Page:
In 1499, Alonso de Ojeda, Amerigo Vespucci and Juan de la Cosa arrived in Curaçao and in the neighboring island which was certainly called Bonay (bonay in caiquetio means "low land") by the Caiquetios. Bonay became Bojnaj under the Spaniards and then Bonaire under the Dutch. The island was nicknamed "Isla do Palo Brasil" (Island of Pernambuco, the pernambuco is a wood native to the North-East of Brazil whose red dye like the ember is used today in the textile industry).

The Spaniards, aware that they could not develop the island because of its dryness, deported all the Amerindians who were there to the island of Hispaniola from 1515. About 500 to 2,000 Caiquetios were deported to work in the copper mines of Santo Domingo. Bonaire was deserted but remained a Spanish possession. It was occasionally used as an outpost.

In 1526, Juan de Ampues, the governor of Bonaire, had livestock (sheep, goats, pigs, horses and donkeys) left to roam freely and exploited more for their skin than for their meat. The island was also a place of deportation for convicts from the Spanish colonies in South America.

The Spanish inhabitants lived in the town of Rincon inland to protect themselves from pirate attacks.

In 1621, the Dutch created the Dutch West Indies Company to get their share of the Caribbean at the same time that the Spanish and the Dutch were at war over what is now known as the Four Years War (1568 to 1648). In 1623, the ships of the Dutch Company called on Bonaire for meat, water and wood. The Dutch also abandoned Spanish and Portuguese prisoners who were to found the town of Antriol.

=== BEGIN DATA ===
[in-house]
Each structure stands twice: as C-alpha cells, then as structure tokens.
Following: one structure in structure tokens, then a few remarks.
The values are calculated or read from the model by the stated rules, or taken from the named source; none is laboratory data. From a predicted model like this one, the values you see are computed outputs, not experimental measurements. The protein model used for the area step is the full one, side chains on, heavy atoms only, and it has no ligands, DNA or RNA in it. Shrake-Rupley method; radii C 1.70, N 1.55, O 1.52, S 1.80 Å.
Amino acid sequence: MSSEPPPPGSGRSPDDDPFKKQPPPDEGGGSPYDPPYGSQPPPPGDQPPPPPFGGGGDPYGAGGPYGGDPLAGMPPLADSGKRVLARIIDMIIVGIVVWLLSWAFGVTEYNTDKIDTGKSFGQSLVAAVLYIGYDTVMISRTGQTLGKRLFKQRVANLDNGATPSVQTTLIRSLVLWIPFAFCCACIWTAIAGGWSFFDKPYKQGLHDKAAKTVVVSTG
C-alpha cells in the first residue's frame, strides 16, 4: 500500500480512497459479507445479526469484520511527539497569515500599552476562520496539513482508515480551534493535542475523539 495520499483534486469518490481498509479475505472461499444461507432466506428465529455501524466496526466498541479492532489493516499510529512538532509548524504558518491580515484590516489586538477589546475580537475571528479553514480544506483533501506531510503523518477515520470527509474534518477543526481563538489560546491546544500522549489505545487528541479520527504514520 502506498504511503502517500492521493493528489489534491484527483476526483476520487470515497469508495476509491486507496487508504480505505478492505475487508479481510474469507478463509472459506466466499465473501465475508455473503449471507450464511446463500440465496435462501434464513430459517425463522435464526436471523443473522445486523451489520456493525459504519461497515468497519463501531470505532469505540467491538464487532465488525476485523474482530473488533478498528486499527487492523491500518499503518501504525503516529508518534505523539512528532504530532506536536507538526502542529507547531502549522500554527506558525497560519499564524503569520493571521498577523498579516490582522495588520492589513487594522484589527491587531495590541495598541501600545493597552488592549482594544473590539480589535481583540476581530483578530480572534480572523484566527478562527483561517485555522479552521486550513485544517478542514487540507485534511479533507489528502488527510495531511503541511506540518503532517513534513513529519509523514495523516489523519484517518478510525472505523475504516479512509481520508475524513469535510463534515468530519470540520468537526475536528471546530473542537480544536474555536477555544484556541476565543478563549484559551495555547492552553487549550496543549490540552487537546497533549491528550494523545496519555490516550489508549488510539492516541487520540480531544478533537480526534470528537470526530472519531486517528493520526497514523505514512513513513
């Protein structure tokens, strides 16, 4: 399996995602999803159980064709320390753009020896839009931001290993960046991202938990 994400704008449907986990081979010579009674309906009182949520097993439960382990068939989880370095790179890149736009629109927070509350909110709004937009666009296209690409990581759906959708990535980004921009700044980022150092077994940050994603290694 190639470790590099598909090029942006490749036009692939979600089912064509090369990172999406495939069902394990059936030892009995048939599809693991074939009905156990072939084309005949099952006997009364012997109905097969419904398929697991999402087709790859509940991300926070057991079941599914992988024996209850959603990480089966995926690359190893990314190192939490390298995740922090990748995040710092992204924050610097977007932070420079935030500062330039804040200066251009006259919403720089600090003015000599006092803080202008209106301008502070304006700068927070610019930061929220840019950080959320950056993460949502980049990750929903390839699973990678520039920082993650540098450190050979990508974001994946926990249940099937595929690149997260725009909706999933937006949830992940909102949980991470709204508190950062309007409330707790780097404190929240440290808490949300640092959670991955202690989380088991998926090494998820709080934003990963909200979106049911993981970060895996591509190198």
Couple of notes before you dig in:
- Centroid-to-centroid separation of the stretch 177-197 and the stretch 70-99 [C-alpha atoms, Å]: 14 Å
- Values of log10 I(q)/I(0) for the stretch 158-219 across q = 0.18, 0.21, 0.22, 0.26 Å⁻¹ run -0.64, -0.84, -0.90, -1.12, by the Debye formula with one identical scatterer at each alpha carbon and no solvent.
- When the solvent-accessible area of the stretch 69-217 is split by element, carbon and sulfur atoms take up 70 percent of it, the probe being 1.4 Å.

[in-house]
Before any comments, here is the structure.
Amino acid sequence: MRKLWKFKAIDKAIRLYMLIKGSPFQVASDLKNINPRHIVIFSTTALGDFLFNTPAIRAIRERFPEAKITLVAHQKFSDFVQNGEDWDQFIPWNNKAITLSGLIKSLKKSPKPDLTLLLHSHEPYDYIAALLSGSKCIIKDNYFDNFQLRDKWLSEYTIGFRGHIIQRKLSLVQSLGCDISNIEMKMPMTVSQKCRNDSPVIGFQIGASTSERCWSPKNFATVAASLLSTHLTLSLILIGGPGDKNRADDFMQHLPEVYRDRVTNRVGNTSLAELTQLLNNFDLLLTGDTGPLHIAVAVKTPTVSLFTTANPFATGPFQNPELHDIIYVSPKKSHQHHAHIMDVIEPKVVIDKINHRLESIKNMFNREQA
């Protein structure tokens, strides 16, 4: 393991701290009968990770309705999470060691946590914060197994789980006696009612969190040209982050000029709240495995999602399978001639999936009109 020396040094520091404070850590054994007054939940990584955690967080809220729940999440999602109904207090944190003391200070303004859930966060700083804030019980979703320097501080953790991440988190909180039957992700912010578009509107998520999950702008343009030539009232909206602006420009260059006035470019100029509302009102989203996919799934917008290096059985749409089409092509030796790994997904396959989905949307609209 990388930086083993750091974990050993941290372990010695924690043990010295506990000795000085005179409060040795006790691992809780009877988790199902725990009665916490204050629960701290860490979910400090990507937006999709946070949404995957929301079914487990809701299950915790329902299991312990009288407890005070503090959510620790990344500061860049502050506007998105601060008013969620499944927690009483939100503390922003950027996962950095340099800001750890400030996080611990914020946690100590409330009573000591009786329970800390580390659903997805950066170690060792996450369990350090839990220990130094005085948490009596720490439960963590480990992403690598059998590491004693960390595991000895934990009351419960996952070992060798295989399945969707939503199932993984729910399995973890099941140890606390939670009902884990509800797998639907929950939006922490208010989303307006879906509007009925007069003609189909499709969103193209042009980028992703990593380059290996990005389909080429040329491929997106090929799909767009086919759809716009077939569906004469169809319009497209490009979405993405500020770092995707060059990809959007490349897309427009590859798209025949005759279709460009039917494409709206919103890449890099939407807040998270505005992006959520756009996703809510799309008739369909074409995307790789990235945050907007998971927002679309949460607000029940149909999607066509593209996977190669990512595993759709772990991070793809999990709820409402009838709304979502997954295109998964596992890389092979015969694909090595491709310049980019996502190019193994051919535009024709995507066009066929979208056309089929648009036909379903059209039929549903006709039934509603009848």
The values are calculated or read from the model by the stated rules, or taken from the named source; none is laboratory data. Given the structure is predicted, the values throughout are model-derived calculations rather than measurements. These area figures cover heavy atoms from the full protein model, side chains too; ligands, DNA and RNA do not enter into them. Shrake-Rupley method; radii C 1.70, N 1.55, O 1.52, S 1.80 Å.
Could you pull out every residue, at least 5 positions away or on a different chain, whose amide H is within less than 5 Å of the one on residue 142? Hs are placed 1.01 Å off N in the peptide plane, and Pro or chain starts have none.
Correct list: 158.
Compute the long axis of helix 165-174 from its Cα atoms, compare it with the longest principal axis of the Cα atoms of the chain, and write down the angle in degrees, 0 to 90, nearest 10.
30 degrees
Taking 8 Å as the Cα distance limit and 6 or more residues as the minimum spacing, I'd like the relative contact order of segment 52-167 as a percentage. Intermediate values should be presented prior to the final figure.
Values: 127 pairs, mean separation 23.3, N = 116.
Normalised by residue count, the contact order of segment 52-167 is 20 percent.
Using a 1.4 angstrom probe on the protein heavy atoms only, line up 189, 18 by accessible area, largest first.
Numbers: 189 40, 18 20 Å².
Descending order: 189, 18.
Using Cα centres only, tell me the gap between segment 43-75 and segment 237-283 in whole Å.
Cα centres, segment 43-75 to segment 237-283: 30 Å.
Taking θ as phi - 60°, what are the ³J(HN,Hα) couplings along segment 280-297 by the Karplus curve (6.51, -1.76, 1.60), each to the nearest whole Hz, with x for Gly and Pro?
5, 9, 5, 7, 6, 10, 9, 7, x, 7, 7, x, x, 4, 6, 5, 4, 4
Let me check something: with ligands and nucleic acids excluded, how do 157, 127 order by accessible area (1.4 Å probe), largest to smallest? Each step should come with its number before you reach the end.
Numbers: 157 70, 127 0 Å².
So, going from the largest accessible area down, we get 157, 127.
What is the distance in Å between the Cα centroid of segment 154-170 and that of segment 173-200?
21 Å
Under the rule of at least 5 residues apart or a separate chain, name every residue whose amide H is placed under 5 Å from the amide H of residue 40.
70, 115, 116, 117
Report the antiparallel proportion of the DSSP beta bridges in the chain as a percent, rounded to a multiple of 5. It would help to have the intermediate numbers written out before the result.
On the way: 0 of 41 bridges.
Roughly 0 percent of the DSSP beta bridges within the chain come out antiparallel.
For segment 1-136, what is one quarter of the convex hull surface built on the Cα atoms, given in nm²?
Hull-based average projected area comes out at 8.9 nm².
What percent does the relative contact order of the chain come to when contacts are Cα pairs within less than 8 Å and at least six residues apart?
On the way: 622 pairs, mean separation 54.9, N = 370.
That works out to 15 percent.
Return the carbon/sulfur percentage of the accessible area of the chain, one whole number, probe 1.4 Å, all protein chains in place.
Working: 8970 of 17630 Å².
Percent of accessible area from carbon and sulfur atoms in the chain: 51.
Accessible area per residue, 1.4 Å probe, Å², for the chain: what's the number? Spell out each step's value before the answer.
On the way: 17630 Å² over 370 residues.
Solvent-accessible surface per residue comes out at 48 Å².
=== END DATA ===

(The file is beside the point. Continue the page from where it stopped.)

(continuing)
In 1633, the Dutch who had lost Saint-Martin to the Spaniards fell back on the southern islands of Aruba, Curaçao and Bonaire. Bonaire was conquered in March 1636. The Dutch built Fort Oranje in 1639. The purpose of this fort was to protect the salt mines. Indeed, at that time, salt was a very coveted product because it was used to preserve food.

Later, Bonaire welcomed slaves from Africa to work in the corn plantations and salt works of the Dutch West Indies Company. As evidence of this period, small houses where slaves were housed are now a historical site.

During the Napoleonic Wars, the Dutch lost control of Bonaire to the British twice, between 1800 and 1803 and again between 1807 and 1816. During this period, many white merchants settled in Bonaire and built the colony of Playa, now Kralendijk in 1810.

Between 1816 and 1868, Bonaire continued to be under the plantation system. In 1825, there were about 300 slaves. Gradually, some slaves were freed and became free with the obligation to render services to the government in exchange for their freedom. The remaining slaves became free on September 30, 1862 when slavery was abolished on the island. A total of 607 government slaves and 151 private slaves were freed at that time.